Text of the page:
This article covers what HTTP redirections are, how they work and what is their impact on the users experience.
What is an HTTP redirect?
The very first thing to know is what HTTP redirects are and how they work.
As its name implies, HTTP redirect refers to the fact that a client’s request to a certain server’s web content can be redirected to another location.
As illustrated here, the client requests the content of the /doc location. The server replies back with the HTTP status code 301 (Moved Permanently) and provides the new location /doc_new. Then the client has to initiate a new HTTP request to the new location.
When is an HTTP redirect useful?
There are different reasons why you may use HTTP redirections.
First of all, you can use redirections to guarantee up-to-date content delivery:
- You can expand the reach of your site by redirecting requests to
- You want to adapt your website content structure and do not have any control on the third-party links to this content
- Your organization merged with another and you have moved to another domain and want to ensure existing links or users’ bookmarks will still reach you
Secondly, you can use redirections to deliver content that best fits the users’ devices and location. For example, you can redirect all mobile device users that access your company site (
yourcompany.com) to the mobile optimized version (
m.yourcompany.com). You can also customize delivered services based on the user’s location.
Finally, you can use redirections for security reasons. For example, you do certainly want to redirect all HTTP requests to corresponding secure HTTPS connections!
The different types of HTTP redirections
There are two main categories of redirections: server-side and client-side.
In a server-side redirection, the server uses specific HTTP status codes to instruct the client to redirect the request to the alternative URL.
The most used redirection codes are summarized in the following table:
As an alternative to the HTTP redirects triggered at the server level, two other redirections techniques can be used:
These techniques are both client-side redirections.
One of the advantage of using these techniques is that you do not have to control the server to make it work.
The main disadvantage is that these cannot be used for all types of resources. HTML redirection for example only works with HTML, and not for contents like images or other types.
How HTTP redirects impact your web performance
Redirecting clients’ requests to other locations can have a significant impact on the performance.
Let’s analyze what happens when a user first access a website in HTTP and gets redirected to the corresponding secure HTTPS connection.
The different connection steps are as follows:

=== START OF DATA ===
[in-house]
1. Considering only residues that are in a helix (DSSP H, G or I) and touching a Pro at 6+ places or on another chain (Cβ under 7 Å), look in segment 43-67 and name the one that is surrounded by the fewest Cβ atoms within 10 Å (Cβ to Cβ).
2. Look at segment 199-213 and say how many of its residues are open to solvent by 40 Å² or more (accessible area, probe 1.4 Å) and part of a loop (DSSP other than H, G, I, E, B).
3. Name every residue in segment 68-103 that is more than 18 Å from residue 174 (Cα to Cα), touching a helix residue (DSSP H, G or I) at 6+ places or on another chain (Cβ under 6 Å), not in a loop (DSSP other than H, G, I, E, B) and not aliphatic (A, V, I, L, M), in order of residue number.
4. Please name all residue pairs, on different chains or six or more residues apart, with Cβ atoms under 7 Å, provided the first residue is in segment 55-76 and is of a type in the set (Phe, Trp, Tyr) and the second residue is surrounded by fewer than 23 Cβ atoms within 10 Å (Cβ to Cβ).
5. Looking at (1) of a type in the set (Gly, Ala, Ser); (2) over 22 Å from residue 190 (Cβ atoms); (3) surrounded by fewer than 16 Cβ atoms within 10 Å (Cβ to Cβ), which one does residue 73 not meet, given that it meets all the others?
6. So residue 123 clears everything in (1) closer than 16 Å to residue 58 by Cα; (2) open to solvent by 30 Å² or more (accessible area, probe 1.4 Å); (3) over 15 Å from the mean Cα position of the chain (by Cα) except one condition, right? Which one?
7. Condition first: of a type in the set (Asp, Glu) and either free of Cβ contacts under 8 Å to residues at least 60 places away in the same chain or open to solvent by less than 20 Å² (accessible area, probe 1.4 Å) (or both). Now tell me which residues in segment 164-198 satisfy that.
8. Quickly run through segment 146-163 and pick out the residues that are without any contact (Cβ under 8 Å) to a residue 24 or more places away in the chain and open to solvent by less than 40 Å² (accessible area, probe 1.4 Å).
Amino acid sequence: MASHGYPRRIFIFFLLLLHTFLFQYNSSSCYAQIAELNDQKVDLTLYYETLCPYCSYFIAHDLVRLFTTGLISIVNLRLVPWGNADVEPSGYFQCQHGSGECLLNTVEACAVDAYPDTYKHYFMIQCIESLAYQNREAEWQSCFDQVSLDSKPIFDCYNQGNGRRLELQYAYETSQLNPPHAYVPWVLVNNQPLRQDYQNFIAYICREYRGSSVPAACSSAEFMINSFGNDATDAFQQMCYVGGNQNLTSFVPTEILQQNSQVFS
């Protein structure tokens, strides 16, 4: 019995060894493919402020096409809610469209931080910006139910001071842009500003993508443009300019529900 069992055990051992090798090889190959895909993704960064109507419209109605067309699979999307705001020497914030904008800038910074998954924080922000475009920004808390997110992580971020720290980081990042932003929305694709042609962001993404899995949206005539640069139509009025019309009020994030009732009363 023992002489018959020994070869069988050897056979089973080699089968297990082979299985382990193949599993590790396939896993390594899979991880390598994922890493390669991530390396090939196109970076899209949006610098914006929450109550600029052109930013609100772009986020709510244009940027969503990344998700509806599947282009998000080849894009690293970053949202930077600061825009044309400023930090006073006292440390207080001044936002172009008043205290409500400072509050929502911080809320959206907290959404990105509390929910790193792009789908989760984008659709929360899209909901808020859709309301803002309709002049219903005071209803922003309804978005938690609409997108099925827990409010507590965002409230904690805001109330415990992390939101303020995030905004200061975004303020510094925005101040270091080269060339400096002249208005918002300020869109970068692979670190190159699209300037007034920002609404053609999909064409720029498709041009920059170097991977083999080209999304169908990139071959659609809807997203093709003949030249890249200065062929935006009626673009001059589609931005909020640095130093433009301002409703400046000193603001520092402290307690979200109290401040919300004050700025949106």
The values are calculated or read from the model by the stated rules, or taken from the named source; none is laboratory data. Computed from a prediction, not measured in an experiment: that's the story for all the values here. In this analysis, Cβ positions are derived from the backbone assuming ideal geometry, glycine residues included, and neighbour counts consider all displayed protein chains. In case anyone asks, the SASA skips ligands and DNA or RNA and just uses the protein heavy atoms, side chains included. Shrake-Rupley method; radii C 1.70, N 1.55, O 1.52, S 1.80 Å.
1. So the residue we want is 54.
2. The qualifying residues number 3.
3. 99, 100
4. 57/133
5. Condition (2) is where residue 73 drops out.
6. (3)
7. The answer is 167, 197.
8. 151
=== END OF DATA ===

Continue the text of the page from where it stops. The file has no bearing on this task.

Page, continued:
- The client sends a DNS request to get the server’s IP address
- The client establishes a TCP connection with the server
- The server processes the request and sends back the HTTP redirect status code
- The server sends the rest of the HTTP response content to the client (not much as this is a pure redirection instruction)
- Seeing that the redirection implies a secure HTTPS connection, the client has to establish an new TCP connection to the server
- The client establishes the secure connection through the TLS handshake process and sends the request for the required content
- The server processes the request and sends a response (status code 200 OK) back to the client
- The server sends the rest of the HTTP response content to the client.
During the four first steps, the user does not see anything rendered on the screen. Depending on network conditions, DNS service performance, as well as server performance, this can greatly impact the end user experience.
So it is important to monitor this kind of redirection events.
How redirects are reported in W3C Time Navigation API
The W3C Time Navigation API provides the redirection timing as one of the web performance metrics.
The redirect time is defined by the time spent between
redirectEnd events (when these events exist).
OK, at first it seems quite clear. But as seen before, redirection often imply two consecutive TCP sessions. From the Time Navigation API, we see the DNS and TCP event happen after the potential redirect event. So how does it all work?
Well, let’s see:
From this timeline example, you can notice that:
- The complete initial HTTP user session is part of the redirection timing calculation
- The initial HTTP session individual metrics (DNS, TCP, …) are “lost”. They are not reported separately and the API does not provide anything related to this first HTTP request
What about multiple consecutive HTTP redirections?
All sessions that lead to the final request will be part of the redirection timing calculation, as illustrated hereunder: